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BZRK by Michael Grant
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BZRK (original 2012; edition 2012)

by Michael Grant (Author), Mariëtte van Gelder (Translator), Erwin van Wanrooy (Designer)

Series: BZRK (1)

MembersReviewsPopularityAverage ratingMentions
2311550,068 (3.52)2
Member:connie53
Title:BZRK
Authors:Michael Grant (Author)
Other authors:Mariëtte van Gelder (Translator), Erwin van Wanrooy (Designer)
Info:Houten Unieboek/Het Spectrum 2012; 294 p.
Collections:Your library, 2012 gekocht/gekregen/gewonnen, gelezen, FF-challenge 2012, 2012 gelezen
Rating:***1/2
Tags:Fantasy, Yaffie, Robots

Work details

BZRK by Michael Grant (2012)

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Showing 1-5 of 12 (next | show all)
Exciting, fast-moving adventure with a science fiction twist. ( )
  Goldengrove | Feb 17, 2014 |
More of a techno-thriller than typical YA sf. It was gory and had excessive swearing in it. It didn't hook me and I just didn't see the point of continuing past page 66.
  Jellyn | Aug 14, 2013 |
Action packed and adrenaline fuelled, BZRK is the first Michael Grant novel I've read, and all I can say is that I wish I hadn't waited so long!

My favourite aspect of this novel is definitely its grounding in nano-science, and the ways in which Grant makes the nano-world come alive. The descriptions of normal, often beautiful things, turns sinister when seen in the nano-scale, and it never failed to make me cringe and freak out. Eyes and skin are way scarier than I'd ever thought they'd be! I enjoyed the way the science is explained in the book through natural dialogue, without breaking up the action or making us wade through info-dumps. Grant doesn't fall into the pit of over explaining the science, as many science fiction writers are prone to do.

It's also refreshing to read a young adult novel that incorporates a complex plot and intelligent world-building. Too often I read books where authors have consciously written for a younger audience by over simplifying plot elements or glossing over the world-building.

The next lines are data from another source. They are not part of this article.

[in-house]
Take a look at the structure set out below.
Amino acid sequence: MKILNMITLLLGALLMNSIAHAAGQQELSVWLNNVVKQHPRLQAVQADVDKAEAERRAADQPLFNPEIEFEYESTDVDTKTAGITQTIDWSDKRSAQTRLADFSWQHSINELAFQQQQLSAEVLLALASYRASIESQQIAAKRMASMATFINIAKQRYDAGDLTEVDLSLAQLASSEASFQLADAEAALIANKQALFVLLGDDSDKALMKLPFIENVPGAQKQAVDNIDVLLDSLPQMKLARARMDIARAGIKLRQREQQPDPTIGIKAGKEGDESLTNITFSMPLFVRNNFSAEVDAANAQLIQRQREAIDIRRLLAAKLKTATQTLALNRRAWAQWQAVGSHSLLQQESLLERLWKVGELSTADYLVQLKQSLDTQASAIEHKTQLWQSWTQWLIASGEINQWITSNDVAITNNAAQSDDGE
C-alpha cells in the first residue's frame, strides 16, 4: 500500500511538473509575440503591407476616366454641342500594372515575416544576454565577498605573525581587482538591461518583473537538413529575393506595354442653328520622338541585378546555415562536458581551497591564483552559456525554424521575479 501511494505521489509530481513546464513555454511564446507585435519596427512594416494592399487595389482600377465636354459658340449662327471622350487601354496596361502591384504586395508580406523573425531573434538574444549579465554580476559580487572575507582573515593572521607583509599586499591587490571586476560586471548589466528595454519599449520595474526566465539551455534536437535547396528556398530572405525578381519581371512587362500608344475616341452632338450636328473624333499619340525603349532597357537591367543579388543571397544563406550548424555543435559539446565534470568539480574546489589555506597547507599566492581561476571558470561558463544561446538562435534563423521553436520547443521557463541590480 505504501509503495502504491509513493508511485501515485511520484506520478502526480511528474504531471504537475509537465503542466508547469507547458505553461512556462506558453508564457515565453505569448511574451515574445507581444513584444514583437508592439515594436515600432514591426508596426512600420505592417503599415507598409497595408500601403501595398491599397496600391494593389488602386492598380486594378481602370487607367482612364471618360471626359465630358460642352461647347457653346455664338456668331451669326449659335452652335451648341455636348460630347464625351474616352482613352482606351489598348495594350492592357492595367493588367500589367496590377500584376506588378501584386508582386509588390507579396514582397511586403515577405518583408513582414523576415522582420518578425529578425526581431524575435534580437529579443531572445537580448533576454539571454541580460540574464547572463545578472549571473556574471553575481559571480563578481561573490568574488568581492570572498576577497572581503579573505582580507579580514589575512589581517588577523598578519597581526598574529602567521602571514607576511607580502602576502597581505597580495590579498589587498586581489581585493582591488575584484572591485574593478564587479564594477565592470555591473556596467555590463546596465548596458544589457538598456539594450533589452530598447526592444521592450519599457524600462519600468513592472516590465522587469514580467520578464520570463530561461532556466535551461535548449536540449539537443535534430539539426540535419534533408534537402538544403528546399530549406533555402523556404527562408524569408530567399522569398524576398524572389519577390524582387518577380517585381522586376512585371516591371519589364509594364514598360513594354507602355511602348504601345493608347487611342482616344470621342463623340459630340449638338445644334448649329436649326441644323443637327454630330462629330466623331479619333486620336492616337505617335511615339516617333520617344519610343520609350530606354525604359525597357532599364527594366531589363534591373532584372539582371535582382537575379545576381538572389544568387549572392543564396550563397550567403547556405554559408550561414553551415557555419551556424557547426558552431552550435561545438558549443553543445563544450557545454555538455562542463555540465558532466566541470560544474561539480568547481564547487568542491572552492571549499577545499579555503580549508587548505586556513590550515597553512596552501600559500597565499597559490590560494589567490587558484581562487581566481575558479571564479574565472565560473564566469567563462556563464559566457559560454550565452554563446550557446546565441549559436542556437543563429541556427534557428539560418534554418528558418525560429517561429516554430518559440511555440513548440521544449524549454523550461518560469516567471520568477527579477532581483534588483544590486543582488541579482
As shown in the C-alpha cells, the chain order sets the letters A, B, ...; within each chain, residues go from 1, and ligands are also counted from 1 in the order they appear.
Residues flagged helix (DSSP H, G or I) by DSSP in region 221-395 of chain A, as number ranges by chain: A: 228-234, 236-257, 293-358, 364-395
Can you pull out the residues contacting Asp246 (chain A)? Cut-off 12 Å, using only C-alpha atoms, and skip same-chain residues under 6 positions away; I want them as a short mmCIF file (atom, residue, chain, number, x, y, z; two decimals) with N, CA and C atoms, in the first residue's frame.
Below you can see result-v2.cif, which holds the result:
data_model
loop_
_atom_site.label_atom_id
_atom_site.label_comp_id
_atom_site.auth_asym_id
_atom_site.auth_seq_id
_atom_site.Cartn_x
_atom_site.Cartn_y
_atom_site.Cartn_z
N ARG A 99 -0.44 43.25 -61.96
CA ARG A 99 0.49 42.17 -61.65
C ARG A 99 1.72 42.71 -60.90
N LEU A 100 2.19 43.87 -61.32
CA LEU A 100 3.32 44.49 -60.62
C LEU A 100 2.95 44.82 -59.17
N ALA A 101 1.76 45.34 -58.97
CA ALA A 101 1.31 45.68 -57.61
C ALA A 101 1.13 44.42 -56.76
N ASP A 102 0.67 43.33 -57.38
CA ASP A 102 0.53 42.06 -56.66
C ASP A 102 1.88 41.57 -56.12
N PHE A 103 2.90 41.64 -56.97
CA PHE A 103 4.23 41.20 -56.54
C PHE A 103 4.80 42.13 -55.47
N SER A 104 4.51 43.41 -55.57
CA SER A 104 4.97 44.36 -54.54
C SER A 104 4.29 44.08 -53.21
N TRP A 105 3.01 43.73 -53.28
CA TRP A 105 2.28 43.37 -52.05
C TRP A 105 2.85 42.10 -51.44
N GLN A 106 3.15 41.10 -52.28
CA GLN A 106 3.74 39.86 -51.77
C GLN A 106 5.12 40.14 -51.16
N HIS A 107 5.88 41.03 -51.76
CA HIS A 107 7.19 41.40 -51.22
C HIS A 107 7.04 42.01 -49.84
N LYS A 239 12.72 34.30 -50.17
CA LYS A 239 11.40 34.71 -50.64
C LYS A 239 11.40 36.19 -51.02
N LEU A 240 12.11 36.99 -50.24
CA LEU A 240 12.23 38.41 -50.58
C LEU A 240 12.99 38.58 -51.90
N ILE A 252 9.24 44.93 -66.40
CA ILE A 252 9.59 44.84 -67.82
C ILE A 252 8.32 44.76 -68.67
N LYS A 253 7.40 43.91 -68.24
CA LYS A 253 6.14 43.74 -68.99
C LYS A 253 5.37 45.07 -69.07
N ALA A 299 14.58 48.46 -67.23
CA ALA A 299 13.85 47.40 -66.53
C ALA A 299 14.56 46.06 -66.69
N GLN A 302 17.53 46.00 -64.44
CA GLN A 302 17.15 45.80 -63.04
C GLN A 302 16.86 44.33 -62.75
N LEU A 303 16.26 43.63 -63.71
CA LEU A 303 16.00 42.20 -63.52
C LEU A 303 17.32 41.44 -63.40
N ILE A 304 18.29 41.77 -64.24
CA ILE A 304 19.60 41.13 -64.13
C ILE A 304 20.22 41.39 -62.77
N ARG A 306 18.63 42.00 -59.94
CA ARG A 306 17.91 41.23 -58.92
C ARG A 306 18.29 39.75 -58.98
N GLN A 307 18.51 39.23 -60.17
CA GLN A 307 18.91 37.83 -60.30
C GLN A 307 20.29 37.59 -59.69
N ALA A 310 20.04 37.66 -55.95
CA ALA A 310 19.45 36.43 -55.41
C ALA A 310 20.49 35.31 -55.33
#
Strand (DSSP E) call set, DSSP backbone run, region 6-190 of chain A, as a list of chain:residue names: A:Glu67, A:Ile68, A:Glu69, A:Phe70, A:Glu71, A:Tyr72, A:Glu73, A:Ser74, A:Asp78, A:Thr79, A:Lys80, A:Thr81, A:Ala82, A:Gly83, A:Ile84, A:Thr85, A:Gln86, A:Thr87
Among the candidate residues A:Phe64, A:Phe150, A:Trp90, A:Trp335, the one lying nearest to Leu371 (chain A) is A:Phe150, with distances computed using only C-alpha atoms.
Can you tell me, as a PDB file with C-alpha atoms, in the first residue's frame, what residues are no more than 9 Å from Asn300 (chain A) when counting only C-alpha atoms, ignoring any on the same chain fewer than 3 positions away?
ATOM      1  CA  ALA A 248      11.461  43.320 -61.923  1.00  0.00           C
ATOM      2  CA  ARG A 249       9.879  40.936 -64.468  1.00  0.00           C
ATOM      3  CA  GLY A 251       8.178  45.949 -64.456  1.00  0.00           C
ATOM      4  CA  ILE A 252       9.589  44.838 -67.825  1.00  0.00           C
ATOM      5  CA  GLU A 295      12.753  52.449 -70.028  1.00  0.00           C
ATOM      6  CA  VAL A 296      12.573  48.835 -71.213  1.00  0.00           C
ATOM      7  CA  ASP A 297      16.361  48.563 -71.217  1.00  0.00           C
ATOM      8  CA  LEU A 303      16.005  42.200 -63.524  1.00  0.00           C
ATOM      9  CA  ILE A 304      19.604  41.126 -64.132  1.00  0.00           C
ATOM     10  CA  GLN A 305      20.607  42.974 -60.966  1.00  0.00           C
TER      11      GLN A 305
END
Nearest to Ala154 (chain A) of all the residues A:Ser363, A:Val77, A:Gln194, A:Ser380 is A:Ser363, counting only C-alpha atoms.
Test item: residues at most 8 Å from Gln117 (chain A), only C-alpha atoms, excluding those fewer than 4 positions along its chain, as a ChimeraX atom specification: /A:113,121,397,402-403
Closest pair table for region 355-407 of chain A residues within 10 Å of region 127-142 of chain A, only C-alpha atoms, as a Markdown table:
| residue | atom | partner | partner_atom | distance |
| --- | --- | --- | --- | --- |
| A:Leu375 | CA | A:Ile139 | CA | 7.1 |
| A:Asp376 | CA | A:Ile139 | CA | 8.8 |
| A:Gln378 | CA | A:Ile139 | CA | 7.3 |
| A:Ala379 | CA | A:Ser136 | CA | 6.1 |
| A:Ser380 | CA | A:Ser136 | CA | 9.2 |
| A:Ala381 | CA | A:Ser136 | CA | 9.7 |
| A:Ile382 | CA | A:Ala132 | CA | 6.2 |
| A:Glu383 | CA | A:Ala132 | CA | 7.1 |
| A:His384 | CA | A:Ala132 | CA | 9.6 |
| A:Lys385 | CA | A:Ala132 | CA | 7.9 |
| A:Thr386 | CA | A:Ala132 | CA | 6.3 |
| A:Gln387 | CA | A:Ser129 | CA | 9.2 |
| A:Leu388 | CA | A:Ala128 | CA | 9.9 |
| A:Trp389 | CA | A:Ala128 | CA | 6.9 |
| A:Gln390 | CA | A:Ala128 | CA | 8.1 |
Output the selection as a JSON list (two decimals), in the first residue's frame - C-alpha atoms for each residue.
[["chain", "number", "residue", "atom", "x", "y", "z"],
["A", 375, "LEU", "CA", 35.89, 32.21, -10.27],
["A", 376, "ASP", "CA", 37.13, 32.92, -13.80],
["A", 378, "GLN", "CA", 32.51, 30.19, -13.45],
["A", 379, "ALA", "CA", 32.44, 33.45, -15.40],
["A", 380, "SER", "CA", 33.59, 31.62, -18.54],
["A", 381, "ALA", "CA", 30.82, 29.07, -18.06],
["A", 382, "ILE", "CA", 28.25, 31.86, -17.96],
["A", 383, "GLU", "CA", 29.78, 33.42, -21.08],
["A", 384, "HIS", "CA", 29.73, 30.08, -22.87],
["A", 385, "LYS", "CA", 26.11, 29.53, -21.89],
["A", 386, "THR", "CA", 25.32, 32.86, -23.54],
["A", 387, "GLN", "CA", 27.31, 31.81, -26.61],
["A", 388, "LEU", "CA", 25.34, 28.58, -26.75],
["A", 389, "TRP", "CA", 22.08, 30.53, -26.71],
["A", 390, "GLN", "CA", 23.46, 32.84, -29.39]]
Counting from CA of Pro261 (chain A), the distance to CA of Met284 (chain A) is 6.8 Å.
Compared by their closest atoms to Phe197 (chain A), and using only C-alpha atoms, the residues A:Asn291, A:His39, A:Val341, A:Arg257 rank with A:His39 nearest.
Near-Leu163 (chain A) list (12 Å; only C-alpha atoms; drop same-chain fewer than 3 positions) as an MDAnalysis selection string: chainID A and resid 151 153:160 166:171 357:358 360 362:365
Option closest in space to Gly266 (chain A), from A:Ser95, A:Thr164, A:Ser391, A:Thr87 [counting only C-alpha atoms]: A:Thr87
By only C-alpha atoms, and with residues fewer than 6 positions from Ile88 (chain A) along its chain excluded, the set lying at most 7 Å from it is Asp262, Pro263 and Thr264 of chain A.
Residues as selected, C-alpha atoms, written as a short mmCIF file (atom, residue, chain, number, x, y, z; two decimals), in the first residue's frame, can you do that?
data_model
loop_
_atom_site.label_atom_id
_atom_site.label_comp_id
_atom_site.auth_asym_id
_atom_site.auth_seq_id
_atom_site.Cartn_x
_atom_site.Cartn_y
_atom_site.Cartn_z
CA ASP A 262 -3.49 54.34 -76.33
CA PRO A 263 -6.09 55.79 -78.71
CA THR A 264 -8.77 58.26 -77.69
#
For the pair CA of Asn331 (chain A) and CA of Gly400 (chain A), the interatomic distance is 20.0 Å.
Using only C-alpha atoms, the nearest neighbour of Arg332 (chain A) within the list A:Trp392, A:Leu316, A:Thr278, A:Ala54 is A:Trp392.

I'd initially thought I wouldn't much like any of the characters in this book - they all seemed too different from me, I couldn't relate to them on any level. As I got to know them better, however, I found out that I have something in common with all of them, Sadie, Noah, even Vincent. I love Sadie, especially the way she cleverly and carefully navigates that thin line between amazing, tough heroine and over-competent, unbelievable teenager. She's drawn very well, and provides a great counterpoint to Noah, who has a tendency to jump into situations without looking to see where he'll land.

The moral ambiguity of this novel is something I really liked, especially since these days novels are so clear-cut about which side we should be on. Sadie and Noah question themselves frequently, and are quick to point out that they are asked to do exactly the same things as their enemies, so how do they know they're any better? I could also see the point that the other side is trying to make, and although I feel like free will should always win out over hive-mind mentality and cohesion, it does raise a compelling point about the human condition. I would, however, have liked more examination of why Bug Man and his associates believe so vehemently in their cause. And I want to know who Lear is, so so bad!

I loved BZRK! I don't think it's a novel for everyone - people going in for a light, science fiction read will be sorely disappointed, but fans of science fiction who want to experience a near-future world will love this. I have the sequel, BZRK Reloaded, ready to go, and I am now desperate to find some time to read Michael Grant's other series, starting with Gone.

You can read more of my reviews at Speculating on SpecFic. ( )
  alcarinqa | Jul 24, 2013 |
Normally, I enjoy Michael Grant stories but this one was difficult to finish, so I didn't. ( )
  socango | Apr 2, 2013 |


I stayed up late to finish this and I really wish I hadn't bothered. In fact, I'm very surprised I managed it.